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Opinion: A second chance for all of us

Susan Bigelow
Susan Bigelow

Susan Bigelow is an award-winning columnist and the founder of CTLocalPolitics. She lives in Enfield with her wife and their cats.

Gov. Dannel P. Malloy announced a series of criminal justice reform proposals this week that he was calling “Second Chance Society.” The name comes from the idea that his proposals will give a second chance to people who might have found themselves in prison for minor offenses, but really these proposals, and the door they open, give that chance to everyone else as well.

Here’s the quick rundown of the proposed changes: first, drug offenses will be reclassified, and possession/use will be a misdemeanor. Second, non-violent drug possession will have no more mandatory minimums. Third, parole hearings and pardons will be streamlined, and fourth, re-entry programs for people returning to the community from prison will be strengthened.

This may not sound like much, but it’s huge.

See the complete story at CT News Junkie.

Comments

One response to “Opinion: A second chance for all of us”

  1. Oldtimer

    Sounds good, but the devil will be in the details. Drug possession crimes could well result in misdemeanor treatment or felony sentences suspended and paroled with the clear understanding that any drug offense during the parole period would result in serious prison time. Drug dealer crime, possession with intent to sell, or proven sales, should result in long term felony sentencing. All prison sentences, for any crime, should require some level of educational achievement while incarcerated with parole being triggered by such achievement and job placement assisted by parole department. Prison records, even for first time conviction, are only a real problem for poorly qualified parolees searching for jobs on their own. If prison included mandatory education accomplishment as part of a sentence most parolees could re-enter society seamlessly and a bill clearing first conviction records after a set time of legitimate employment, with no further violations, is a no-brainer benefit for all.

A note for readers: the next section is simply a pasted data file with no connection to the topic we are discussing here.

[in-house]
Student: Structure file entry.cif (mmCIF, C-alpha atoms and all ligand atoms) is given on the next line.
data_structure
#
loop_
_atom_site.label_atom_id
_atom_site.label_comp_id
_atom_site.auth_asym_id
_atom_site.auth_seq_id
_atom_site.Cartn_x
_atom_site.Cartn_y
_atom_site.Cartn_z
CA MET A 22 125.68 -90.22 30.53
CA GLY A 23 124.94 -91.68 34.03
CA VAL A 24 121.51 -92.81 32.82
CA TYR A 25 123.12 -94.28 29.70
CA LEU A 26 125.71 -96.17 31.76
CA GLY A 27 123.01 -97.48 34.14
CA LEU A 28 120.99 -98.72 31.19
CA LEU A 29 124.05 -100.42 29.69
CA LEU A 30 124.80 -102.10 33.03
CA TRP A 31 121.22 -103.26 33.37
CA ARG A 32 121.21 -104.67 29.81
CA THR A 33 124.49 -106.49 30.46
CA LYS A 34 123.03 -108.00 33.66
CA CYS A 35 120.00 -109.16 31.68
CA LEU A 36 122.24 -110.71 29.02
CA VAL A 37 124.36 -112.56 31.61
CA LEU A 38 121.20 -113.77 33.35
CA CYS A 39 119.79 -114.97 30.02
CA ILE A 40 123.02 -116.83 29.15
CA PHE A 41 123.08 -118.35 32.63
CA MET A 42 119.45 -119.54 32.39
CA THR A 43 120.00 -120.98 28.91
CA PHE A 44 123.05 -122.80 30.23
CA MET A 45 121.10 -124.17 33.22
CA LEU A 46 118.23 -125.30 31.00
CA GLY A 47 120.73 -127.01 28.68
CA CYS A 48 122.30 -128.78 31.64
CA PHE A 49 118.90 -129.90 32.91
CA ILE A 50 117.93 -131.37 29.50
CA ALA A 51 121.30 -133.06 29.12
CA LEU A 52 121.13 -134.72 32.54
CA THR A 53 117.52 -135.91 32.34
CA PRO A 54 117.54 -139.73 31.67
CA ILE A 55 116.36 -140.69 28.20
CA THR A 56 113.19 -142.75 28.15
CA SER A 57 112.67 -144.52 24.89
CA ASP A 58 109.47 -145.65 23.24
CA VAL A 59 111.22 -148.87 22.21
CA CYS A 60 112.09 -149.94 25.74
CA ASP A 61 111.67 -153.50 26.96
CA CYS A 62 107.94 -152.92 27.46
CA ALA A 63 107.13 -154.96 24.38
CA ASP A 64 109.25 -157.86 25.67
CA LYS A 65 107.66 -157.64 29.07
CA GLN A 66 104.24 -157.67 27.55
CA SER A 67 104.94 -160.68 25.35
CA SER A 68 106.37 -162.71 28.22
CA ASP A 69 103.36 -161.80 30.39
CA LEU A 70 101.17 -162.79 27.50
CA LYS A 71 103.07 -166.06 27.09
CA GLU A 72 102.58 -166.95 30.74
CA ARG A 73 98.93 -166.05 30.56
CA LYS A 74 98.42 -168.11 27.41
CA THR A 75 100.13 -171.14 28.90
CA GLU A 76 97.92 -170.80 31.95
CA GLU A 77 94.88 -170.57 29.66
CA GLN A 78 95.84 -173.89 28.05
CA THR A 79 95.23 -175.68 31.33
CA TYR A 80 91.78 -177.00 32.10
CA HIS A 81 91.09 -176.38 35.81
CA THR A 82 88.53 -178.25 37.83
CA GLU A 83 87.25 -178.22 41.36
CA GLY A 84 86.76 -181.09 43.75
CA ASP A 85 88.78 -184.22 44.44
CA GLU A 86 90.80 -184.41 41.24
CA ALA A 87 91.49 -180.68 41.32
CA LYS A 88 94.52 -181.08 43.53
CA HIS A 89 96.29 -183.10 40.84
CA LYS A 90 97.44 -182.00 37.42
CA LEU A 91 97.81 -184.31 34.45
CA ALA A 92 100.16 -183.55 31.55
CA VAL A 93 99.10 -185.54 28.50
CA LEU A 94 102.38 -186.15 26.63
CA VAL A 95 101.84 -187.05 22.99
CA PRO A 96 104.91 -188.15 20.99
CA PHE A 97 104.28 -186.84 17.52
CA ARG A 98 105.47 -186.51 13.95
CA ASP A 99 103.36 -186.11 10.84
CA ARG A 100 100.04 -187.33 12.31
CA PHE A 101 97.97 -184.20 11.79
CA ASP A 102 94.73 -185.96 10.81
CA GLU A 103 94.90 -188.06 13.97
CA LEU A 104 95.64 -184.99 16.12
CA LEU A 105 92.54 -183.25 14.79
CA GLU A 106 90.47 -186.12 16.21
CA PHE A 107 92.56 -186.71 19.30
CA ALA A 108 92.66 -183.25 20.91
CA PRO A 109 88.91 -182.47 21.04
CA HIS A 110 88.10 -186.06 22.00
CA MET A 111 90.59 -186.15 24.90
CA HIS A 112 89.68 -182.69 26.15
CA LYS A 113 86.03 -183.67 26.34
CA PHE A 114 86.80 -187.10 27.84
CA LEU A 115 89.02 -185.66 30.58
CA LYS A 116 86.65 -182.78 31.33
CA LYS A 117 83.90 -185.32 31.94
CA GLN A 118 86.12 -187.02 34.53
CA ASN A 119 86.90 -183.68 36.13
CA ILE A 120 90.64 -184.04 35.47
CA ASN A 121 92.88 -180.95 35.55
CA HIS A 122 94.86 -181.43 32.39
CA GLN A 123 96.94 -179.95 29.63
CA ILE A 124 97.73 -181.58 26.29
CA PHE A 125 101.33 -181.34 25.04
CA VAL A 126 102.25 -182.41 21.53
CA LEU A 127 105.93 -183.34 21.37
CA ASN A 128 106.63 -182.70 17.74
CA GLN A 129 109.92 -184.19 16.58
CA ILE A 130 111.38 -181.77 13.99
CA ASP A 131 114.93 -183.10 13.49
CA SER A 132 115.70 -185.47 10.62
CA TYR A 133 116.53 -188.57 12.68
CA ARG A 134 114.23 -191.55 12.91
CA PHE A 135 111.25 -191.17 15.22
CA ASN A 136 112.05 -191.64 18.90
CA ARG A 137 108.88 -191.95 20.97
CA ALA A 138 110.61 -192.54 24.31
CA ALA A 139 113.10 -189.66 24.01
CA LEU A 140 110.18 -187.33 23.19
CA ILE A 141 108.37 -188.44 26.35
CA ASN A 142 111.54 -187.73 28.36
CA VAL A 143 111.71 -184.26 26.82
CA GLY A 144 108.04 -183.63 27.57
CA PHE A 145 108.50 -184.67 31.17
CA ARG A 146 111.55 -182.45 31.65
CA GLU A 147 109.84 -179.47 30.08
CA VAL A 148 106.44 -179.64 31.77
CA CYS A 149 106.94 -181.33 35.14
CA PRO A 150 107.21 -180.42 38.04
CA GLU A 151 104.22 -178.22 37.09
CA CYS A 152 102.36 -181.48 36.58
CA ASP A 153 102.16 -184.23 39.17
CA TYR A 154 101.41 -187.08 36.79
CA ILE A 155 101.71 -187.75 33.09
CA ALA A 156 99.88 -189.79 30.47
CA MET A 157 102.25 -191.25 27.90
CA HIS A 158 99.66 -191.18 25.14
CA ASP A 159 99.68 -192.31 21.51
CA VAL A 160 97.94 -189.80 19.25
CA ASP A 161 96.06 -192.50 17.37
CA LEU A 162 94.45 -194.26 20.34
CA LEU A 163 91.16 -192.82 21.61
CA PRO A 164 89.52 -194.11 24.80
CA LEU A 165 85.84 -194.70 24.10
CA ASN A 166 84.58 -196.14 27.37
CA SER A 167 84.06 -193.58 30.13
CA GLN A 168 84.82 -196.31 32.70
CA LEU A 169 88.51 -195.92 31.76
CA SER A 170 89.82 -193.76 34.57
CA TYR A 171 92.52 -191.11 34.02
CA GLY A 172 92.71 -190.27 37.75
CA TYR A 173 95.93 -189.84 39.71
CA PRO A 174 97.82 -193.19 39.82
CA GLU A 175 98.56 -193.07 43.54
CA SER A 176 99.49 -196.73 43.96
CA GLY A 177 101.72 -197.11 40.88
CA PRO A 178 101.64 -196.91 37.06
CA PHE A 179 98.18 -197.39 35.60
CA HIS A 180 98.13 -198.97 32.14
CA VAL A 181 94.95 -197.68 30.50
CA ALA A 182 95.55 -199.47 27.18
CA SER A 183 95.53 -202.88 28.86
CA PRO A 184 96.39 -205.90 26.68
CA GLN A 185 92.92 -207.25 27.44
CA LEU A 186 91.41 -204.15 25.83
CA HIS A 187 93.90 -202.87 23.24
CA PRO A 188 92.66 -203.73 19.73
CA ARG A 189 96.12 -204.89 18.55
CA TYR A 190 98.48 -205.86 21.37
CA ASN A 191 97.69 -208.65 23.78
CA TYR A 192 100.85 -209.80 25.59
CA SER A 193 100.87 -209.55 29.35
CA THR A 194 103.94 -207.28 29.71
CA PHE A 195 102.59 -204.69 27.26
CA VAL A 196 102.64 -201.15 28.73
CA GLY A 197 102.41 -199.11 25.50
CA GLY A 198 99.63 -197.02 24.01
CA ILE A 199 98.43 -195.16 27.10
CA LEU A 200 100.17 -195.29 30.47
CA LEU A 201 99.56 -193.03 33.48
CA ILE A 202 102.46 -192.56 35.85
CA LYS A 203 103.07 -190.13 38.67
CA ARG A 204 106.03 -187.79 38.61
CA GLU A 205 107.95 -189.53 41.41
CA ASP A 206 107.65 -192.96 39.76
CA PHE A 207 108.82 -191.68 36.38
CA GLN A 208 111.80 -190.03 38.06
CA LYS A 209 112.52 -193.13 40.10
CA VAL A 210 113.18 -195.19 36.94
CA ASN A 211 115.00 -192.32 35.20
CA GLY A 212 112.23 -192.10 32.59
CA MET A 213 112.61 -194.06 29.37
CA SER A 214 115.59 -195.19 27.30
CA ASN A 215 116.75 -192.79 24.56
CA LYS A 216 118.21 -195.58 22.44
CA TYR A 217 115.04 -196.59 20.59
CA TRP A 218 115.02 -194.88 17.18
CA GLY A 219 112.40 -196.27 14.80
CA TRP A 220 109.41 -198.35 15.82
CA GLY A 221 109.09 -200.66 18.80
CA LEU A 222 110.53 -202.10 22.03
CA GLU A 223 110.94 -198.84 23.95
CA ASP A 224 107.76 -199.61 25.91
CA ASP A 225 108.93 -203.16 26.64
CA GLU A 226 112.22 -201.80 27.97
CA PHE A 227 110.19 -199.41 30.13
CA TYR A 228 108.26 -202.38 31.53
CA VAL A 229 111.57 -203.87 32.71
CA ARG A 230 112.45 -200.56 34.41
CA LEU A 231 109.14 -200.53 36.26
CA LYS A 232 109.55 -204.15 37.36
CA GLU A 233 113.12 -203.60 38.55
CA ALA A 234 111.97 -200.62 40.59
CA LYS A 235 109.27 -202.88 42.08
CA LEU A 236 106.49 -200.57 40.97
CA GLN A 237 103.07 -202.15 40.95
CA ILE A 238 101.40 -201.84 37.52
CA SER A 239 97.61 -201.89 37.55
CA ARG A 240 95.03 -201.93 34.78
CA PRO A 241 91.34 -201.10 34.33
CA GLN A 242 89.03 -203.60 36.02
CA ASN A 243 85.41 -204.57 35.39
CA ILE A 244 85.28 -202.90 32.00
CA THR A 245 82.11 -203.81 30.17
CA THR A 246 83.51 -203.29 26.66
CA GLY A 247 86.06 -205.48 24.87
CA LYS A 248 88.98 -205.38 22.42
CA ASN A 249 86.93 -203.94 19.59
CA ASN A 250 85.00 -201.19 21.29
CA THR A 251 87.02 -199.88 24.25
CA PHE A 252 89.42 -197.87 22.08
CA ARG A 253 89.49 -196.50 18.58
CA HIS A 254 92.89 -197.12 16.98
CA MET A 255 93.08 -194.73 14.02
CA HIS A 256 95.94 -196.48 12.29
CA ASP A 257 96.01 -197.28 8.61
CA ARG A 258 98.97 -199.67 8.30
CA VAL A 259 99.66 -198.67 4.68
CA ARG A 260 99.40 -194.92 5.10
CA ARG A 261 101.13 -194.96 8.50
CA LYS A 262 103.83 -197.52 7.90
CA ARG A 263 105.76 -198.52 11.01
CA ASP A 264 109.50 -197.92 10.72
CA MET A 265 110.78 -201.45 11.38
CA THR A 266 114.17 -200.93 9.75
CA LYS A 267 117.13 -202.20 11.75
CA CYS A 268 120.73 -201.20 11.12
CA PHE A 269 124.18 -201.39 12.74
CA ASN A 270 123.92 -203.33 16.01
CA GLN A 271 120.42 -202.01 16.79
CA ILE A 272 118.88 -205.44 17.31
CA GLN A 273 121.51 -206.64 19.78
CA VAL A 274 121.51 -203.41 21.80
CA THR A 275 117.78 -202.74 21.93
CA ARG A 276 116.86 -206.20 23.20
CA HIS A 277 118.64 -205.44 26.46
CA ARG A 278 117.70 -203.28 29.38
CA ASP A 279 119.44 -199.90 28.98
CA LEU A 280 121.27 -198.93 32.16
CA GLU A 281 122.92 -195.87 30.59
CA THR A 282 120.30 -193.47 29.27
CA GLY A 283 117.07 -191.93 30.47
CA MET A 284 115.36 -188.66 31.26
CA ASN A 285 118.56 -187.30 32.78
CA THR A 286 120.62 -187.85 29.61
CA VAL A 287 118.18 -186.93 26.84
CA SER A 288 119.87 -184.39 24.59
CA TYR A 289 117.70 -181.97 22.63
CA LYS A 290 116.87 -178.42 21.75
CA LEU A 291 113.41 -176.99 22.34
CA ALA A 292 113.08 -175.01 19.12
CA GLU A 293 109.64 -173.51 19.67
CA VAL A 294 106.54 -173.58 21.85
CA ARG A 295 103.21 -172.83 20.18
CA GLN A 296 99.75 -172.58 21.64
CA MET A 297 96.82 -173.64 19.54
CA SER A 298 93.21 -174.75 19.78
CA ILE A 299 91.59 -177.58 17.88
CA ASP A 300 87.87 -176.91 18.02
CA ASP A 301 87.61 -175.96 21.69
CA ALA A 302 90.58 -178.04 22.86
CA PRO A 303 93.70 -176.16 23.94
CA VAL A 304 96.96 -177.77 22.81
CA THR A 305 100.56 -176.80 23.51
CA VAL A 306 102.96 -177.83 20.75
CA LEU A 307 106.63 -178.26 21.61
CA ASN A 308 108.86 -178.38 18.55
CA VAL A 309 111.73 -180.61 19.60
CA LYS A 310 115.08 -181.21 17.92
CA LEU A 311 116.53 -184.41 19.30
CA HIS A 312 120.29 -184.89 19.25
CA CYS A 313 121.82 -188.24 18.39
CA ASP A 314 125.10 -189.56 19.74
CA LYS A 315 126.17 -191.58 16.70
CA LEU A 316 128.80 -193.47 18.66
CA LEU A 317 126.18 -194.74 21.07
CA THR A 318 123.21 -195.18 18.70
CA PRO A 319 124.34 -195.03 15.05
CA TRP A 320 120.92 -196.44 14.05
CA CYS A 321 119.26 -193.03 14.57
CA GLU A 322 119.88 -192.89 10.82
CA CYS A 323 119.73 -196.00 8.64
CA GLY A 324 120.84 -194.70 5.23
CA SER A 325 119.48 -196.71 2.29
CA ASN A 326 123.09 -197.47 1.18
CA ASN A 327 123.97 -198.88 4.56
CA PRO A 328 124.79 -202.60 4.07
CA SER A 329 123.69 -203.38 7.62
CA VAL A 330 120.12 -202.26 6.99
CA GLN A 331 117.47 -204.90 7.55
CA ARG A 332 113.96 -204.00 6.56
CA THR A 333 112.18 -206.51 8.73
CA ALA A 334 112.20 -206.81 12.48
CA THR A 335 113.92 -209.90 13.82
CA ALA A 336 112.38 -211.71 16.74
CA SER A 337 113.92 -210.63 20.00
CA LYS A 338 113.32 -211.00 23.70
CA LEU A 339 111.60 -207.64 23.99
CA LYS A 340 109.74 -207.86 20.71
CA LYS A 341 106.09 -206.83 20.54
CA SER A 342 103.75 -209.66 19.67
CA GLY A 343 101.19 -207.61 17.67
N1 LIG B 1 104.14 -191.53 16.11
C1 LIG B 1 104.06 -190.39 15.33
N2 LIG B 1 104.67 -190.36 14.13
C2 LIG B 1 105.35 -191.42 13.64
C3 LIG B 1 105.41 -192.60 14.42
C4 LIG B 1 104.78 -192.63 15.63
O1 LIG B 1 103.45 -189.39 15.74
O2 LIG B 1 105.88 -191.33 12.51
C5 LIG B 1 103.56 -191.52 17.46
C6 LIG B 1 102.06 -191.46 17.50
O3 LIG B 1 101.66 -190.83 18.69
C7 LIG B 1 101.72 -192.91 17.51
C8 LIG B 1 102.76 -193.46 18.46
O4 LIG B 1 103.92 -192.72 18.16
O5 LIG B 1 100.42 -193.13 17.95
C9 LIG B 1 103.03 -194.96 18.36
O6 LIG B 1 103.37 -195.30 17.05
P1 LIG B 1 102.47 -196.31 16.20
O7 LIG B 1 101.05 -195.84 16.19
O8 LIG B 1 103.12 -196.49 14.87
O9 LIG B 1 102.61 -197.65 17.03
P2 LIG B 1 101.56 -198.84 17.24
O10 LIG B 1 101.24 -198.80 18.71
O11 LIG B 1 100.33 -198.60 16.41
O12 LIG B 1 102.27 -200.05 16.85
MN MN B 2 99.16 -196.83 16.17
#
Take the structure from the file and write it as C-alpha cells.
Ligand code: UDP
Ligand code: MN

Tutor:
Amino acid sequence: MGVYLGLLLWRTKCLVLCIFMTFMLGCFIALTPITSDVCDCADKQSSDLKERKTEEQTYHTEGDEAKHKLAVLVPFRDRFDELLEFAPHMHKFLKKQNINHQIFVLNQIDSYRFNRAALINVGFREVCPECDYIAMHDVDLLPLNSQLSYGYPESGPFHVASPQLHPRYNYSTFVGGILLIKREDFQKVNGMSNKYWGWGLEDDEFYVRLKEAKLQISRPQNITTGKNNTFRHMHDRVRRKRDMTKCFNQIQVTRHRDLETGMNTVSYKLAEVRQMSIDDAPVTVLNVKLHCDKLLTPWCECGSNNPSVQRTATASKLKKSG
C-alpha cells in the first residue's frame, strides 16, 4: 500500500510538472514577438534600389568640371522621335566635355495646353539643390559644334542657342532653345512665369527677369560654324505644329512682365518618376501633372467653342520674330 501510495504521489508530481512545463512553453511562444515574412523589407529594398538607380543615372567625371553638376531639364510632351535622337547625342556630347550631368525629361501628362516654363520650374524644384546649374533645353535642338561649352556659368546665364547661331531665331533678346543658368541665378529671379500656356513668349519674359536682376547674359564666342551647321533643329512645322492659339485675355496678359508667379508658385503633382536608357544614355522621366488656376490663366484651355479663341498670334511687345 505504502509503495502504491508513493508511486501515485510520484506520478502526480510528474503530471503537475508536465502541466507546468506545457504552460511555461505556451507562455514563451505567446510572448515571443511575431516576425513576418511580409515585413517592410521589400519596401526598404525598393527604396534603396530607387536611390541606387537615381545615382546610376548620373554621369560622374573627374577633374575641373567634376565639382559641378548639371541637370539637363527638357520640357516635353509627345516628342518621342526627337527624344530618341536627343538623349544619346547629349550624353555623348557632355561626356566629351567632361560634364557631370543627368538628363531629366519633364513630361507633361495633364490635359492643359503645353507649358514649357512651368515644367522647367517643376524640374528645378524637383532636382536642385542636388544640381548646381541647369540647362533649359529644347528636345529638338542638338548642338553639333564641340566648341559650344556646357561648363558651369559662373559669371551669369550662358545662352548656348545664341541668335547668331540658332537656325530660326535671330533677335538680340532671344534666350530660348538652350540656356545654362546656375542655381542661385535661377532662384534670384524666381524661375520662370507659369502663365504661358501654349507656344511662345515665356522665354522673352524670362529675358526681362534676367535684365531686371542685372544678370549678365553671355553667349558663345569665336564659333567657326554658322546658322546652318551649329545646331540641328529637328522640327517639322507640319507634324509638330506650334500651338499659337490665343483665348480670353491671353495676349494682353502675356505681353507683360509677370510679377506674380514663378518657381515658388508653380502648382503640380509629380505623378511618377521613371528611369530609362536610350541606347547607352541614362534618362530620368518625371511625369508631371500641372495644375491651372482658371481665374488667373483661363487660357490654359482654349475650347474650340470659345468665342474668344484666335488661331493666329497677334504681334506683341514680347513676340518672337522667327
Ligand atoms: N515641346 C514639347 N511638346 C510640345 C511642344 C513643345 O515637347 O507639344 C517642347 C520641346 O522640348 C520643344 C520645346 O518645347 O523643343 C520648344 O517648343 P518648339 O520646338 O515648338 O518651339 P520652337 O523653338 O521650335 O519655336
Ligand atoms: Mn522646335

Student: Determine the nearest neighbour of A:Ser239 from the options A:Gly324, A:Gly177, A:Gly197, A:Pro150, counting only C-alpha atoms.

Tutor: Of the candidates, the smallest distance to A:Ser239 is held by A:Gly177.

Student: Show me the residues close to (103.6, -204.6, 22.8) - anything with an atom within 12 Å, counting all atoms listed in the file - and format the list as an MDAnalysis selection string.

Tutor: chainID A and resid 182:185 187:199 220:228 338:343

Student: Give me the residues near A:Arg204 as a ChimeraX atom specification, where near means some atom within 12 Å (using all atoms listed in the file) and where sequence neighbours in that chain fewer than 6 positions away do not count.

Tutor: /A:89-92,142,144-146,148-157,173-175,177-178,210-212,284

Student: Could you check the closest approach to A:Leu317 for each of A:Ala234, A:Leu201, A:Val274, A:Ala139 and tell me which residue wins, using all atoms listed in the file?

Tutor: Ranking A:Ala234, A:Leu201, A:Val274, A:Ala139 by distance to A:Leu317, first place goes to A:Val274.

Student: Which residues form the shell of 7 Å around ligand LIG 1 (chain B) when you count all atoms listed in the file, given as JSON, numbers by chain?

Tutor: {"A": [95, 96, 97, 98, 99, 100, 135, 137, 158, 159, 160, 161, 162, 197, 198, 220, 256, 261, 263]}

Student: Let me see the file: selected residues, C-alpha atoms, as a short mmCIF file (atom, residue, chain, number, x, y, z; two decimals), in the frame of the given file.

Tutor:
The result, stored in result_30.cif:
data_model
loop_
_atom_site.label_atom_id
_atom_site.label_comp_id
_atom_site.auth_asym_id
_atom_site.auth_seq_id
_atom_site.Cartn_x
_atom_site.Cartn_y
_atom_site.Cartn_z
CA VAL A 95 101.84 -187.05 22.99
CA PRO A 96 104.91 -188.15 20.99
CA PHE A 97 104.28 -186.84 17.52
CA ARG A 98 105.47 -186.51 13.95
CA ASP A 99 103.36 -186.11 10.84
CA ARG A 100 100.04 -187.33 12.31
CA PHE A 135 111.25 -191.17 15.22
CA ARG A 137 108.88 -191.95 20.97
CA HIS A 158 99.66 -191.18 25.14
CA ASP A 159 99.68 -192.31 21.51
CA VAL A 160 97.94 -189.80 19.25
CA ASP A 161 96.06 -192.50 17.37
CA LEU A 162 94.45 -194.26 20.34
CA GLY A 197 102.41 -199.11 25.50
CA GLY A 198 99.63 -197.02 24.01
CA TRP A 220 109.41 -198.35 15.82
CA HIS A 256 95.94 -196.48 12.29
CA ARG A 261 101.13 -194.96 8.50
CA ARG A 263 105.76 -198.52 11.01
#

Some offenses, most sex offenses, are clear indications of mental illness for which no successful treatment has been developed and there is no evidence of any society benefit to be gained by lessor sentences or clearing records of first convictions.

    With the cost of incarceration, anything that reduces the numbers and duration of incarceration, especially mandatory appropriate schooling and job placement for prison trained craftsmen sounds like a win-win for society and for convicts. More money will be spent in prisons on education, but time in prison will be shorter. Supply of mature trade school equivalent graduates would help fill the declining ranks of skilled carpenters, plumbers, electricians, etc.

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